Central and peripheral components of cardiac failure

Donna M. Mancini, Thierry H. Le Jemtel, Stephen Factor, Edmund H. Sonnenblick

Research output: Contribution to journalArticlepeer-review

37 Scopus citations


Chronic heart failure results from two processes, i.e., myocardial and congestive failure. Myocardial failure is clinically silent, most often progresses slowly, and is documented by a depressed left ventricular ejection fraction. Multiple etiologic factors include systolic and diastolic overloads, myocardial necrosis and/or ischemia, and, perhaps, microvascular spasm. Myocardial failure ultimately leads to exaggerated neurohumoral compensatory mechanisms and derangements of the peripheral circulation, which are the hallmarks of congestive heart failure. At that stage of the syndrome, patients have symptoms, initially, with exercise and, later, at rest. Objective assessment of severity is afforded by determination of maximal oxygen uptake during maximal exercise testing. When congestive heart failure supervenes, the prognosis is poor. Current medical therapy is aimed at improving the derangements of the peripheral circulation, which relieves the symptoms but leaves the primary myocardial process unaffected. The goal of future therapy is to intervene at an earlier stage of the syndrome to halt or even partially reverse the myocardial failure.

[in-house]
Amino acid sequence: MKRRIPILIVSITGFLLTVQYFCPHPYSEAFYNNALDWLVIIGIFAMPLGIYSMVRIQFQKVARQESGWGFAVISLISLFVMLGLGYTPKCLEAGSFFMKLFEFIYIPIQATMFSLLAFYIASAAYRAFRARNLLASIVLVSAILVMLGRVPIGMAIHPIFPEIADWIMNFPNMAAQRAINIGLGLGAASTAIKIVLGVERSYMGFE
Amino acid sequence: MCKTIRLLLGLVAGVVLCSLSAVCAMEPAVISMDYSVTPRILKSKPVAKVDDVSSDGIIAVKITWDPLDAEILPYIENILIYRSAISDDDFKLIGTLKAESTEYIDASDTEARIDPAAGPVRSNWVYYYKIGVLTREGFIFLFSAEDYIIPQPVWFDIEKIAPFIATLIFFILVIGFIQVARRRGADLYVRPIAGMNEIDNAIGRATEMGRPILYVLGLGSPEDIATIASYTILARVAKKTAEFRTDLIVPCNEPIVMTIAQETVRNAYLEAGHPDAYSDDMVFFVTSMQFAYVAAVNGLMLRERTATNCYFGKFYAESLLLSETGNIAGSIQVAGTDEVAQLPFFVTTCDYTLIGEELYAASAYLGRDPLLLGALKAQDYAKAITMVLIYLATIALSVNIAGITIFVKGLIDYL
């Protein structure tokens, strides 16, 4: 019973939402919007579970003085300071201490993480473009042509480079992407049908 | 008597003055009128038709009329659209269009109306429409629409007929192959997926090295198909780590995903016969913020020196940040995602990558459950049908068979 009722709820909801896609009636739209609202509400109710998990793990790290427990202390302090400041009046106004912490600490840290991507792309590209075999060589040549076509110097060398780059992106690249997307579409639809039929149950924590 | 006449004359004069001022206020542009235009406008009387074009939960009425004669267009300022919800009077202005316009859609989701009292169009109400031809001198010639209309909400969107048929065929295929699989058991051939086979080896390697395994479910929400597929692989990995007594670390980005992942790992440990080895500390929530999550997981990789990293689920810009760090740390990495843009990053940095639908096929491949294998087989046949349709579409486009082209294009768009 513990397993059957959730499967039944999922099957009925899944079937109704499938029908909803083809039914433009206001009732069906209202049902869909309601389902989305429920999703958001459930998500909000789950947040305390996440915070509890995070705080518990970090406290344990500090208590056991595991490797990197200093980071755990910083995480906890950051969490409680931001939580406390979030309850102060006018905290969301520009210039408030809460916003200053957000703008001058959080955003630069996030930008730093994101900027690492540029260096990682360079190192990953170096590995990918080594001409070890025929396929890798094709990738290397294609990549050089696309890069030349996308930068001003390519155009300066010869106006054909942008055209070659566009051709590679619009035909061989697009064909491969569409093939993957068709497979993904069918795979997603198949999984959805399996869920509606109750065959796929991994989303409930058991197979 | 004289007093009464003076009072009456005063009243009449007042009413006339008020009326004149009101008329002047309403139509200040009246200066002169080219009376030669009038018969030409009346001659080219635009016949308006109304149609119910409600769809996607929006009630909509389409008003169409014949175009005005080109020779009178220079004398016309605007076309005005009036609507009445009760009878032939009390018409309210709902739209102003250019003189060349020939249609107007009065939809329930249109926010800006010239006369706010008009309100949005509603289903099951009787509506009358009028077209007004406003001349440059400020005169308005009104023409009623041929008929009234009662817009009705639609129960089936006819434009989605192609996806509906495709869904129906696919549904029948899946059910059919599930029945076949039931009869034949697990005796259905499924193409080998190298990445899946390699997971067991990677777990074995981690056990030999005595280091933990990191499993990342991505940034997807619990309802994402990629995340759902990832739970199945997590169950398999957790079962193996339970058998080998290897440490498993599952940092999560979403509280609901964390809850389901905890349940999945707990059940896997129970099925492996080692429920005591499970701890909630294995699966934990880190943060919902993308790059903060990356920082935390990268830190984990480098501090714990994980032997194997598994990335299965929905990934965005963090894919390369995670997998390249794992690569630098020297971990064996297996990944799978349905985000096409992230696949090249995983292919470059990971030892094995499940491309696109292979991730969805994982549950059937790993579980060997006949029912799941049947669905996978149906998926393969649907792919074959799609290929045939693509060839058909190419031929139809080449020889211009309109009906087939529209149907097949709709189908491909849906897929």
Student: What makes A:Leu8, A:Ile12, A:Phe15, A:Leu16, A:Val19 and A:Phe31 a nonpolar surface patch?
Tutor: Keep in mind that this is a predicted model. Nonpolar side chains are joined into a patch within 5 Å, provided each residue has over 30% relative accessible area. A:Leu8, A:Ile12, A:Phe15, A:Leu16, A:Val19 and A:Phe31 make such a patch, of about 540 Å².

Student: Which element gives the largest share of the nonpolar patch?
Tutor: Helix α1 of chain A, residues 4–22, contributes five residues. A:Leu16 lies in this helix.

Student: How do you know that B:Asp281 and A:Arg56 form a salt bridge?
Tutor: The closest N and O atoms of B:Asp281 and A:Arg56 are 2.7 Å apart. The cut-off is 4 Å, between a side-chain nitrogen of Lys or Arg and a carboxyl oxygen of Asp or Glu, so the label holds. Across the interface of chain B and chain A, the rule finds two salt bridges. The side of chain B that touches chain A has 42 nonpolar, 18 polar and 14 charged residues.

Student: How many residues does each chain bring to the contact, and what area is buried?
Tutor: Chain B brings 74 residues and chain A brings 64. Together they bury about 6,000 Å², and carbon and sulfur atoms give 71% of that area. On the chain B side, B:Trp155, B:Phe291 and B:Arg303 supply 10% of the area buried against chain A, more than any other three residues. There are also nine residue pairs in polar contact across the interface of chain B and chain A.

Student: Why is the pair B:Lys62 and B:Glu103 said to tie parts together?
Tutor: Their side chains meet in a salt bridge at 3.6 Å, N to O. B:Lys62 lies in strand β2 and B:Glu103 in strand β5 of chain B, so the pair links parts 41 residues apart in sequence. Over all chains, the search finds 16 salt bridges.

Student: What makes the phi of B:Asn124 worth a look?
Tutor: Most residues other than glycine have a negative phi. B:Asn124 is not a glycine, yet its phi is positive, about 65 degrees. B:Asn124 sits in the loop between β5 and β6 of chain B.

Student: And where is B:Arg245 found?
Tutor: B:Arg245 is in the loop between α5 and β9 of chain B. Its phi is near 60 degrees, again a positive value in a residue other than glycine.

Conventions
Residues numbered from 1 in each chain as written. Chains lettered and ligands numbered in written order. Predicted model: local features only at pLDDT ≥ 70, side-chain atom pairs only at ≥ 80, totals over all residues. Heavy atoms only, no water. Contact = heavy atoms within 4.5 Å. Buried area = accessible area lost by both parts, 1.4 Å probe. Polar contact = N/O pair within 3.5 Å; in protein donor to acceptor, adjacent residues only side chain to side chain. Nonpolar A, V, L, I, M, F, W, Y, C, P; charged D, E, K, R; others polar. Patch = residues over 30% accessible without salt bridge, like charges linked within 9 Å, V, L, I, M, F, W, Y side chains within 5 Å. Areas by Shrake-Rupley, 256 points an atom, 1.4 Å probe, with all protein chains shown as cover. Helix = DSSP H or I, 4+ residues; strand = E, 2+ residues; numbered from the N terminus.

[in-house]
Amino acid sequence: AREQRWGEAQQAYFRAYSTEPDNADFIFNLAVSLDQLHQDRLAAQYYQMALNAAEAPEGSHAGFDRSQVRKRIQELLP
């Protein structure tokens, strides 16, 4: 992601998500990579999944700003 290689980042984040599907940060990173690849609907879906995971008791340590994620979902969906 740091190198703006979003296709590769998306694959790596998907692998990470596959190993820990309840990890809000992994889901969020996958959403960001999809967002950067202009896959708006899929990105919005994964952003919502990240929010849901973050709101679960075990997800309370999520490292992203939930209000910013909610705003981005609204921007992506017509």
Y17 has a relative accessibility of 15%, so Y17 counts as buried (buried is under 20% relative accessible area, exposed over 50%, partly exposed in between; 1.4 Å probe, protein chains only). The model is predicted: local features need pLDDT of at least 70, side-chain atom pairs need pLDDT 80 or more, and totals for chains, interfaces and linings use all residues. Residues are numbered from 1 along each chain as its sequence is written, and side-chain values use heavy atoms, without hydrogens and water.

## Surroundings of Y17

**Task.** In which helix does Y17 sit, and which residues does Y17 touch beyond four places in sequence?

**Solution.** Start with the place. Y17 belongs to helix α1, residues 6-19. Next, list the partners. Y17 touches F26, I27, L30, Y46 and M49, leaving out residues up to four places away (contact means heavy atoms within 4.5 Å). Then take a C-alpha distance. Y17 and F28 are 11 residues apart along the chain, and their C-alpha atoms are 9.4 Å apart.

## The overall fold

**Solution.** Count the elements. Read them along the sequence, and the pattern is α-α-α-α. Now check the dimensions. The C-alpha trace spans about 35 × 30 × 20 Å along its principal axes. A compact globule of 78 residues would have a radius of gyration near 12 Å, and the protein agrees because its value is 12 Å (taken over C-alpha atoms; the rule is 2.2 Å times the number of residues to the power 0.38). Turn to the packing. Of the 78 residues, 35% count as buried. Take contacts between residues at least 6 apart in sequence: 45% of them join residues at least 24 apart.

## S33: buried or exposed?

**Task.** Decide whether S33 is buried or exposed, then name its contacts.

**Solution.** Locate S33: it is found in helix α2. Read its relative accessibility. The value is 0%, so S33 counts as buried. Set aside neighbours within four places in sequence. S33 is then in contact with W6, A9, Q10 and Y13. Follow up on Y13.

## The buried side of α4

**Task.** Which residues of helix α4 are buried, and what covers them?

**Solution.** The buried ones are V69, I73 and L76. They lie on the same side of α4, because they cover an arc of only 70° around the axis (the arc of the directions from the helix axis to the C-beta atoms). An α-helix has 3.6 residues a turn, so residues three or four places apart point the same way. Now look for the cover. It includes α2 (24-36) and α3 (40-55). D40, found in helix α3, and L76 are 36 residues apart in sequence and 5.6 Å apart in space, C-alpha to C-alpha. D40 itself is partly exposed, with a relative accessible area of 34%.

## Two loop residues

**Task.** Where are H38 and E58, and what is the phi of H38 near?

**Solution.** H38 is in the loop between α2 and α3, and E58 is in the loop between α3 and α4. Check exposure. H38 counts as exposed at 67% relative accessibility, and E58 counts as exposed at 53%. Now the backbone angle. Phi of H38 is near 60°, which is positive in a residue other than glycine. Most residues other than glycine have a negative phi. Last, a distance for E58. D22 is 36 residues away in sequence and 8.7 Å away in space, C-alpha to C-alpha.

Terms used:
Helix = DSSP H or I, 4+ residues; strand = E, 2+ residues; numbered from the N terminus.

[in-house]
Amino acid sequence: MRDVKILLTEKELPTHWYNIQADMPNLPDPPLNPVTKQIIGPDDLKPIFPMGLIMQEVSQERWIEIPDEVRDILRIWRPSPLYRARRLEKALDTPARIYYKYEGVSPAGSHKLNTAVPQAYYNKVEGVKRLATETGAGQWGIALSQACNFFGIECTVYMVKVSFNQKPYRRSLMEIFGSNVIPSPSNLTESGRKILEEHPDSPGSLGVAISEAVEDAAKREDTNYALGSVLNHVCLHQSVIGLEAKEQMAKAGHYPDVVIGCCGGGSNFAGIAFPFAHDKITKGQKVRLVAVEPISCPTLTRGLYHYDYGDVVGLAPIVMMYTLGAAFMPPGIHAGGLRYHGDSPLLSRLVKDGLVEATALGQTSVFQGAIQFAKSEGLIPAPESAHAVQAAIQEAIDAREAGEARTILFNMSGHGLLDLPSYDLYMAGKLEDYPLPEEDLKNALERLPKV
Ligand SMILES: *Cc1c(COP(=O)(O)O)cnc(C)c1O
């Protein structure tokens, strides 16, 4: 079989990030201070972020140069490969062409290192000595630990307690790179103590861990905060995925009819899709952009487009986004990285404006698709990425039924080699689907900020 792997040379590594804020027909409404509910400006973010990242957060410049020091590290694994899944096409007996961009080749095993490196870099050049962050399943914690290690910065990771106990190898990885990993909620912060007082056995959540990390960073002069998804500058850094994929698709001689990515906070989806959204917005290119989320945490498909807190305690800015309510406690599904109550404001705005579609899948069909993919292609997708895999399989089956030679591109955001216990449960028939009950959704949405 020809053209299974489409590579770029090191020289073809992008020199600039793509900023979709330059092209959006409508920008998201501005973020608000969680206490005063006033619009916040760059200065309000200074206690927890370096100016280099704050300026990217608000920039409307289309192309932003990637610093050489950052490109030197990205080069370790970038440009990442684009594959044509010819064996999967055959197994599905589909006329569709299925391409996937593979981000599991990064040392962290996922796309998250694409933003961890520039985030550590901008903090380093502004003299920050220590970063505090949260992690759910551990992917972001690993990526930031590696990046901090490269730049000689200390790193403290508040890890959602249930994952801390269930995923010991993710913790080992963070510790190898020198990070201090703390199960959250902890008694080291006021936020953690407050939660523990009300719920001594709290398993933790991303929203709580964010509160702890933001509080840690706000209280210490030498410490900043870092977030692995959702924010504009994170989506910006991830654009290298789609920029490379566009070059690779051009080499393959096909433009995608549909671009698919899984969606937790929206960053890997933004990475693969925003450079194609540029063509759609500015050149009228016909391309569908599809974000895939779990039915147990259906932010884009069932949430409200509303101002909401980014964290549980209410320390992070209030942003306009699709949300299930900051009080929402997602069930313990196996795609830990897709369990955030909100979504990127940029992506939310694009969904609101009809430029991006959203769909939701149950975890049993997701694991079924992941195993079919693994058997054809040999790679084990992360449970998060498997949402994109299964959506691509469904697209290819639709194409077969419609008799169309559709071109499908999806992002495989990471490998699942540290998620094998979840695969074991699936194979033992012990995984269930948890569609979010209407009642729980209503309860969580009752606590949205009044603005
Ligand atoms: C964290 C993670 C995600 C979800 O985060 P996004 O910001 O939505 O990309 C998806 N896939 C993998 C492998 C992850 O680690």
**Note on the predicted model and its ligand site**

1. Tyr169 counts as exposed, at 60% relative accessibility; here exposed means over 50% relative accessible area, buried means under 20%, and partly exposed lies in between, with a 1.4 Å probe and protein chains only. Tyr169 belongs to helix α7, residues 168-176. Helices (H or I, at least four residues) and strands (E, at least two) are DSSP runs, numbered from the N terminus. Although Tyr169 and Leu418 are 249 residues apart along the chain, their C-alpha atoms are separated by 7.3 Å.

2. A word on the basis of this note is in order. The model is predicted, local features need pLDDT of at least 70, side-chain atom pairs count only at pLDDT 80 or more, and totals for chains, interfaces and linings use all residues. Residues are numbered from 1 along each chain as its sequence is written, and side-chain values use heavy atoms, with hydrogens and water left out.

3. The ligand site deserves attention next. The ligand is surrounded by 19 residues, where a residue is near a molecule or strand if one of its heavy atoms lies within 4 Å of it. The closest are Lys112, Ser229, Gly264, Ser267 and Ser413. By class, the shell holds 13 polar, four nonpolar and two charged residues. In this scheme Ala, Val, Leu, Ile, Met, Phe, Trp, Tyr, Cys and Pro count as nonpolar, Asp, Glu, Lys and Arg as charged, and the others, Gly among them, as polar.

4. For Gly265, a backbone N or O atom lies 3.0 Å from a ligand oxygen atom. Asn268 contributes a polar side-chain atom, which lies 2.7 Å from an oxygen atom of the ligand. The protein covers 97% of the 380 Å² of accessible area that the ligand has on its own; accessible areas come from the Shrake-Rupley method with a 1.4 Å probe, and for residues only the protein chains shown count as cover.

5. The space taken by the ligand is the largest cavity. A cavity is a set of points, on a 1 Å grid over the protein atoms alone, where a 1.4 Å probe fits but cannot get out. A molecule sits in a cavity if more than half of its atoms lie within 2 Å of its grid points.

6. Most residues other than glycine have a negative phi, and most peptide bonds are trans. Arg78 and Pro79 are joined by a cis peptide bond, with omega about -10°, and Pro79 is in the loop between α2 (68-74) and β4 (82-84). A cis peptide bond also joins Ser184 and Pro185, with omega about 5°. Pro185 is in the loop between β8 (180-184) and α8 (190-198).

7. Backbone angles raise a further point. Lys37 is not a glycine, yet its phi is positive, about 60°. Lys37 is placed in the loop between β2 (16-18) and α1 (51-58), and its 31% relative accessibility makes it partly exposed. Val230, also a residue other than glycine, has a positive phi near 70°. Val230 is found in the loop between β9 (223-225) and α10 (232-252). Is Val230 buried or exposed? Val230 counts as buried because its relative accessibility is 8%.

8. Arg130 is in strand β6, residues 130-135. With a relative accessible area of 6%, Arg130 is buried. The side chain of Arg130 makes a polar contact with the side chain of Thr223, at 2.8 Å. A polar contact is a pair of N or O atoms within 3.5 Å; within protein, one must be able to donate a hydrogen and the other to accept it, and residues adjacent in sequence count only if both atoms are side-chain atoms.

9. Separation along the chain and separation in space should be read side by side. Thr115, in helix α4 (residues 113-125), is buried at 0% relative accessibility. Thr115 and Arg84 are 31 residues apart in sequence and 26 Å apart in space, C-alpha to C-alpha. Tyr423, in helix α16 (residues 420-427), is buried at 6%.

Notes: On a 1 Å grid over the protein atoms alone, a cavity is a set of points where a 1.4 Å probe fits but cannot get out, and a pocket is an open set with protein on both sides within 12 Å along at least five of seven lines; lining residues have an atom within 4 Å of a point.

Original languageEnglish
Pages (from-to)2-13
Number of pages12
JournalAmerican Journal of Medicine
Issue number2 SUPPL. 2
StatePublished - 28 Feb 1986
Externally publishedYes


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